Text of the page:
Tag Archives: Commuting

Five books to read on the TTC

  1. The Tibetan Book of the Dead

Imagine this. You’re on the subway and you have an exam in fifteen minutes. You’re stressed, and you barely got any sleep. In a panic, you rummage through your backpack for notes to do some last-minute studying, only to discover you left your notebook at home. You cry out to God in anguish just as the robot lady announces, “doors will open on the left.”

But then, what’s this? The Tibetan Book of Dead? It immediately calms you by reaffirming that this life is an allusion and we will all be reincarnated in the end anyways, and you go to your exam in peace.

  1. Catch 22, by Joseph Heller

 You’re waiting on the subway platform, preparing for the commute to UofTears. The train pulls up, and who do you see taking up a blue seat with their backpack? That cutie from your tutorial last semester. You whip out a copy of Catch 22, and they are immediately entranced.

It’s said to be one of the most commonly unfinished book in the world, and they’ll be so impressed that you’re reading it they might even give you an awkward smile. Prepare to catch that honey with Catch-22.

  1. Goosebumps, by R.L. Stine

For the shorter commutes — say, a ten-minute bus ride — you can’t go wrong with the Goosebumps series. My personal favourite is the one where the kid turns out to have been dead all along, but you can pick any one. They’re short, sweet and spooky, and simple enough that you won’t miss your stop because you’re too engaged in reading it.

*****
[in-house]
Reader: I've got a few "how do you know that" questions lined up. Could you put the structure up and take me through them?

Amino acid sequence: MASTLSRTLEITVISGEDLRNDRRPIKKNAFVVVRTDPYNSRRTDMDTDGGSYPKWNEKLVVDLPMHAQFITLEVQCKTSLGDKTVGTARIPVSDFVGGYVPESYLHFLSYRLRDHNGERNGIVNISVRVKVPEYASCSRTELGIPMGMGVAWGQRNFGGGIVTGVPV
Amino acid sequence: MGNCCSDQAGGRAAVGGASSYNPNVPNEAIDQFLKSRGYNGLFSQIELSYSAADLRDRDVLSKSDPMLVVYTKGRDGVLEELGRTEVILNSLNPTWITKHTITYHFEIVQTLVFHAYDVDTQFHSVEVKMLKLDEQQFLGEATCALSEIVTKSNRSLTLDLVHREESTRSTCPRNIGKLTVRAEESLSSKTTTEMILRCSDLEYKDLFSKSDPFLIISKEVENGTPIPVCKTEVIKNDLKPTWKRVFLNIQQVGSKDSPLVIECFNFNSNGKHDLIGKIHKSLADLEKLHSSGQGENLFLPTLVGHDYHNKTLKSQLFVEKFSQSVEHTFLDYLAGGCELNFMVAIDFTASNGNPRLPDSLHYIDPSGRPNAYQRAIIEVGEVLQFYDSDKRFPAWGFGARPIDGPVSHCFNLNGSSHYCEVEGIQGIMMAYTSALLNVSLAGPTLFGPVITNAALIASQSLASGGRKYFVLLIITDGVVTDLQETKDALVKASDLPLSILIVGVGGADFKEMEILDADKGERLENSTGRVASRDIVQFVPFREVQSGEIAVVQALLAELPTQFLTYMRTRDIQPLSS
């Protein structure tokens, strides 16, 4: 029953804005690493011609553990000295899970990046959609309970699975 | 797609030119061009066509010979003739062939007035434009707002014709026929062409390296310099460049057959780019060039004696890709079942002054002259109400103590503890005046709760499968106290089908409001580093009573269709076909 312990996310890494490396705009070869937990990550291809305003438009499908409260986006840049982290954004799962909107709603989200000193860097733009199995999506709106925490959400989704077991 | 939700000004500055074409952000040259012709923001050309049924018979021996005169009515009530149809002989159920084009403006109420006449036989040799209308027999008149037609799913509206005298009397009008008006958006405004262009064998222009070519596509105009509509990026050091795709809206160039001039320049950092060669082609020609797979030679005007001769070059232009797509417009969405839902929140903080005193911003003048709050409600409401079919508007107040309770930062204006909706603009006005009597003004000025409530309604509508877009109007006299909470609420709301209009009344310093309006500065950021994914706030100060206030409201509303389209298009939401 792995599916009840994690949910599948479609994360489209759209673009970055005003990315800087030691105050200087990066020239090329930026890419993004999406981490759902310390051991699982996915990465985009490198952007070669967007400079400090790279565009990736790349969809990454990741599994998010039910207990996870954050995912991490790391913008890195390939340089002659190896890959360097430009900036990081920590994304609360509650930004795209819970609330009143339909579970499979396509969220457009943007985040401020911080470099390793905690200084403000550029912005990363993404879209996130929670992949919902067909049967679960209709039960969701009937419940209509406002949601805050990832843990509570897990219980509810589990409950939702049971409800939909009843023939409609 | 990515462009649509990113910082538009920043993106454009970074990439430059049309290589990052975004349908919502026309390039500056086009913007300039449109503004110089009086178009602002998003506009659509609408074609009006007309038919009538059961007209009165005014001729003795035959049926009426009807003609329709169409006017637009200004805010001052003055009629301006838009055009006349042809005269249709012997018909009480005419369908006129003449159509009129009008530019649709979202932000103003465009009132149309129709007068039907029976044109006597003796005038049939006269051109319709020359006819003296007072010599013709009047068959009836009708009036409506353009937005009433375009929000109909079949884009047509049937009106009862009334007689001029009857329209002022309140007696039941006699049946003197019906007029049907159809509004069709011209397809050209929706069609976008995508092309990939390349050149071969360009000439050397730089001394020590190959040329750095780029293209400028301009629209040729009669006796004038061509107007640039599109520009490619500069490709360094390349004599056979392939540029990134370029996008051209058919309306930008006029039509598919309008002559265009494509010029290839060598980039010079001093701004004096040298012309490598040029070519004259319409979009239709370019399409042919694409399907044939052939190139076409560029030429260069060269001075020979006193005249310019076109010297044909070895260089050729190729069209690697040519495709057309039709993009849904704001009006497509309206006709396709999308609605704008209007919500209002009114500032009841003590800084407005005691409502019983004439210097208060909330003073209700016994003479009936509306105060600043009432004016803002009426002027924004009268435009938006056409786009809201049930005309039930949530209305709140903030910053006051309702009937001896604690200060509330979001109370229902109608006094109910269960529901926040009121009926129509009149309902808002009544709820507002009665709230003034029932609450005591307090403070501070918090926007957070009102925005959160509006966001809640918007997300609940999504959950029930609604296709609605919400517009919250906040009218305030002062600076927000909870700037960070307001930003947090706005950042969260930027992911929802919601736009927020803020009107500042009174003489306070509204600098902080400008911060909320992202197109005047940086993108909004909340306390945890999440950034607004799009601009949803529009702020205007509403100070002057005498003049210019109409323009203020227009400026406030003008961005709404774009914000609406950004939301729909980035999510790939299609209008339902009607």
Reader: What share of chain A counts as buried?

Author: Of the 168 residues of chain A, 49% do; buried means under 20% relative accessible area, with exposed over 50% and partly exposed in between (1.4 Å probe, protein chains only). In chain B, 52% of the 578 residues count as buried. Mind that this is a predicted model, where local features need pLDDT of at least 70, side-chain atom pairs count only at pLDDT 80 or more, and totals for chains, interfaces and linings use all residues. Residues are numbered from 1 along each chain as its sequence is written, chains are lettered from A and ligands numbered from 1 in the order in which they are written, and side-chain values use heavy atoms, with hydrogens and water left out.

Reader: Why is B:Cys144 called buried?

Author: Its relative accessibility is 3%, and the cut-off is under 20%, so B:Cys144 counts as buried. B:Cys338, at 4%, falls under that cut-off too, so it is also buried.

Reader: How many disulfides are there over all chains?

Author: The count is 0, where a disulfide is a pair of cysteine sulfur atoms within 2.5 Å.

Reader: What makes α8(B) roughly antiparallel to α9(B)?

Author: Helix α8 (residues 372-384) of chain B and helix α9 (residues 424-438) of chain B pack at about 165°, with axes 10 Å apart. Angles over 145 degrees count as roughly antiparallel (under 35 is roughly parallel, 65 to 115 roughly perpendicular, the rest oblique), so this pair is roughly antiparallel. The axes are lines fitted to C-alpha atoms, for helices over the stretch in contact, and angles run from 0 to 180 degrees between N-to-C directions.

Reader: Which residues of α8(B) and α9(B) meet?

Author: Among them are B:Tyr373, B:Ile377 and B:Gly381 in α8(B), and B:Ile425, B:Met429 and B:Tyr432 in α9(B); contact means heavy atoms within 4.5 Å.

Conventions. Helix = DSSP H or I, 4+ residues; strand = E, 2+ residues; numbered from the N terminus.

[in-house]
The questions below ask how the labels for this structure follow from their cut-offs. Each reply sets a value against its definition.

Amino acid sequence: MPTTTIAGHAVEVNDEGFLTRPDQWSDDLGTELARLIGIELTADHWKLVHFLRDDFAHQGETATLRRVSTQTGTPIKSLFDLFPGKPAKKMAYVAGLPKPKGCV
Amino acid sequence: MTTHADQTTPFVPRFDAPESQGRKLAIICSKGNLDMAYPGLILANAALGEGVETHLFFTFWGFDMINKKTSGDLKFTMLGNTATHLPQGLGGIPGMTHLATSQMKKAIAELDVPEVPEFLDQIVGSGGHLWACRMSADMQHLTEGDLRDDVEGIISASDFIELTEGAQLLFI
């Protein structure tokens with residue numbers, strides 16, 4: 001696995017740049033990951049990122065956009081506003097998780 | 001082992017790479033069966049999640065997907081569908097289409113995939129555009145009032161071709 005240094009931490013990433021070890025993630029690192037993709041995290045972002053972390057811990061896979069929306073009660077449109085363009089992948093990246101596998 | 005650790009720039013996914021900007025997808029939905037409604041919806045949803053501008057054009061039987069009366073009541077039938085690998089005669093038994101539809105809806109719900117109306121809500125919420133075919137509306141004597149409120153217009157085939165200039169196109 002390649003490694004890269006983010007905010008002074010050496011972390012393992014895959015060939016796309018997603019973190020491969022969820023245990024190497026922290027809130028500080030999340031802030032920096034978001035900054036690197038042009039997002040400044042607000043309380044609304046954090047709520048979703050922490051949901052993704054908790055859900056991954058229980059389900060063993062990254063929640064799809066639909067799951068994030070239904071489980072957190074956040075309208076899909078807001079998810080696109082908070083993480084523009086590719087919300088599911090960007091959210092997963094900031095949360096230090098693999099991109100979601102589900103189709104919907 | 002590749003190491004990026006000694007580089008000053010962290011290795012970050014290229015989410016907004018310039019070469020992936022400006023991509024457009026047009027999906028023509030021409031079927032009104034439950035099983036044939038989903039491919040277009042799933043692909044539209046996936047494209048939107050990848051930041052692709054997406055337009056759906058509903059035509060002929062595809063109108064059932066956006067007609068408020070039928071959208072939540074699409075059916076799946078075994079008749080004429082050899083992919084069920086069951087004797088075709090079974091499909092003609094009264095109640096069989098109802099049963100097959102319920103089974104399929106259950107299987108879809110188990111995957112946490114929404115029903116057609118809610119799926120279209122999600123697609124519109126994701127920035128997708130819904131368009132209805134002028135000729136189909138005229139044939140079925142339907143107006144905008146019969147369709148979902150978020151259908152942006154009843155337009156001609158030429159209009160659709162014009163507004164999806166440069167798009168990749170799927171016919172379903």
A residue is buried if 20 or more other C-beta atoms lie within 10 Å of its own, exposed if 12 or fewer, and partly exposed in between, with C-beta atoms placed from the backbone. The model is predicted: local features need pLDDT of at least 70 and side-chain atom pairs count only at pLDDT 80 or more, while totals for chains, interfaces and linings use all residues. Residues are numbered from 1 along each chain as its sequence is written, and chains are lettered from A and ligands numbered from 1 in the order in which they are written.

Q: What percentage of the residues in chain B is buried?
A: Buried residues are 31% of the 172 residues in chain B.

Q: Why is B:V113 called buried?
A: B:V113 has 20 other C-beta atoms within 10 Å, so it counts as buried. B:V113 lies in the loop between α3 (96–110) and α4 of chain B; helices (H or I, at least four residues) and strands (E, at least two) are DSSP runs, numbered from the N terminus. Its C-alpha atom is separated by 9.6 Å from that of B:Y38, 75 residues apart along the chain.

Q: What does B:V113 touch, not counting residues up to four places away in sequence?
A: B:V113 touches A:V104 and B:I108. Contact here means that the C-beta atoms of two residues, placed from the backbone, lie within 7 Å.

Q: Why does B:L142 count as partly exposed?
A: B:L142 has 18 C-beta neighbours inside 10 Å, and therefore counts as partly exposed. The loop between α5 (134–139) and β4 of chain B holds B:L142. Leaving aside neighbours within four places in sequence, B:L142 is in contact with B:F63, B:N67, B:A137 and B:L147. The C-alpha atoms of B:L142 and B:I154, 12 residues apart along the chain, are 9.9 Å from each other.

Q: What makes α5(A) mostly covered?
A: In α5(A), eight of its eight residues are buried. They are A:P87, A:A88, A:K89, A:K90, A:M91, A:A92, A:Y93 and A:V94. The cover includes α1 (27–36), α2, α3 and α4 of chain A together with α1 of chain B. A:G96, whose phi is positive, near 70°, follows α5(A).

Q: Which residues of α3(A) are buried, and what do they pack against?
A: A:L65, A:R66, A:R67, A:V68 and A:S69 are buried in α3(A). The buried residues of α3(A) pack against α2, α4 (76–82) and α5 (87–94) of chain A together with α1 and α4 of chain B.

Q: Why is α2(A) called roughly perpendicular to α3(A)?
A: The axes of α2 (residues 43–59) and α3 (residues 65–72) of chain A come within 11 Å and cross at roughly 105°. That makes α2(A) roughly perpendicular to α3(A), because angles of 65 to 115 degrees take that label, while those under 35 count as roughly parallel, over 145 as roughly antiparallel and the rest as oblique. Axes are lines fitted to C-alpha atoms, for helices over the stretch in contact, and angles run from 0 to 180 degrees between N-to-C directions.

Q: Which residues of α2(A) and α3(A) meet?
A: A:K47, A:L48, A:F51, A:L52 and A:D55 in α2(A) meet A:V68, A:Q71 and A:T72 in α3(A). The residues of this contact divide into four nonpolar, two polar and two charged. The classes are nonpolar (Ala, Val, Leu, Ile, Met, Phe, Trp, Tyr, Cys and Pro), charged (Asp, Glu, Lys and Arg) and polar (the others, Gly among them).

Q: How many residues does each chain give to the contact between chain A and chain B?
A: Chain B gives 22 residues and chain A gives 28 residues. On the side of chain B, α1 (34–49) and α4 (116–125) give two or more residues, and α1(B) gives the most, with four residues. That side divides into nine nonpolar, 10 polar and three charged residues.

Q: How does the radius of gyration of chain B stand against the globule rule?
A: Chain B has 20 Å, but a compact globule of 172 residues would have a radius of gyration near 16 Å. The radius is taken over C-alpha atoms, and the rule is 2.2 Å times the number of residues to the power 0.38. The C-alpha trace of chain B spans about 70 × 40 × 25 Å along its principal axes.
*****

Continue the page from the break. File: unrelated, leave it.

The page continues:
1. The October Country, by Ray Bradbury

But wait, you wonder, what if I have to take several different modes of transport? Like a bus followed by a streetcar followed by the subway followed by a bus again? Never fear, because The October Country is here!

A collection of short stories is the best for this type of journey, because you can read one story per trip, and no short story collection is better than Ray Bradbury’s October Country. From “The Scythe,” the story of a farmer who learns each blade of wheat in his field is a human life, to “The Skeleton,” about a man horrified to discover that there is a skeleton inside him (which, I mean, aren’t we all), these stories are wonderful and I highly recommend them.

  1. For Colored Girls who have Considered Suicide / When the Rainbow is Enuf, by Ntozake Shange

I haven’t finished reading this yet, but it’s incredible and I think everyone should read it anytime, anywhere — and that includes the TTC. It’s a series of interconnected poems that can be performed as well as read, and it is the choreopoem that pioneered the form. Detailing the struggles that coincide with themes such as love, abandonment, and trauma, it is a triumph of the written word.

How to make the most of that dreaded commute to campus

I’ve had my fair share of commuting in undergrad. Half of my time spent at school was commuting approximately an hour-and-a-half to two hours to get to class. At first, I found the journey annoying at best and dreadful at worst, but over time, I somehow managed to make it work.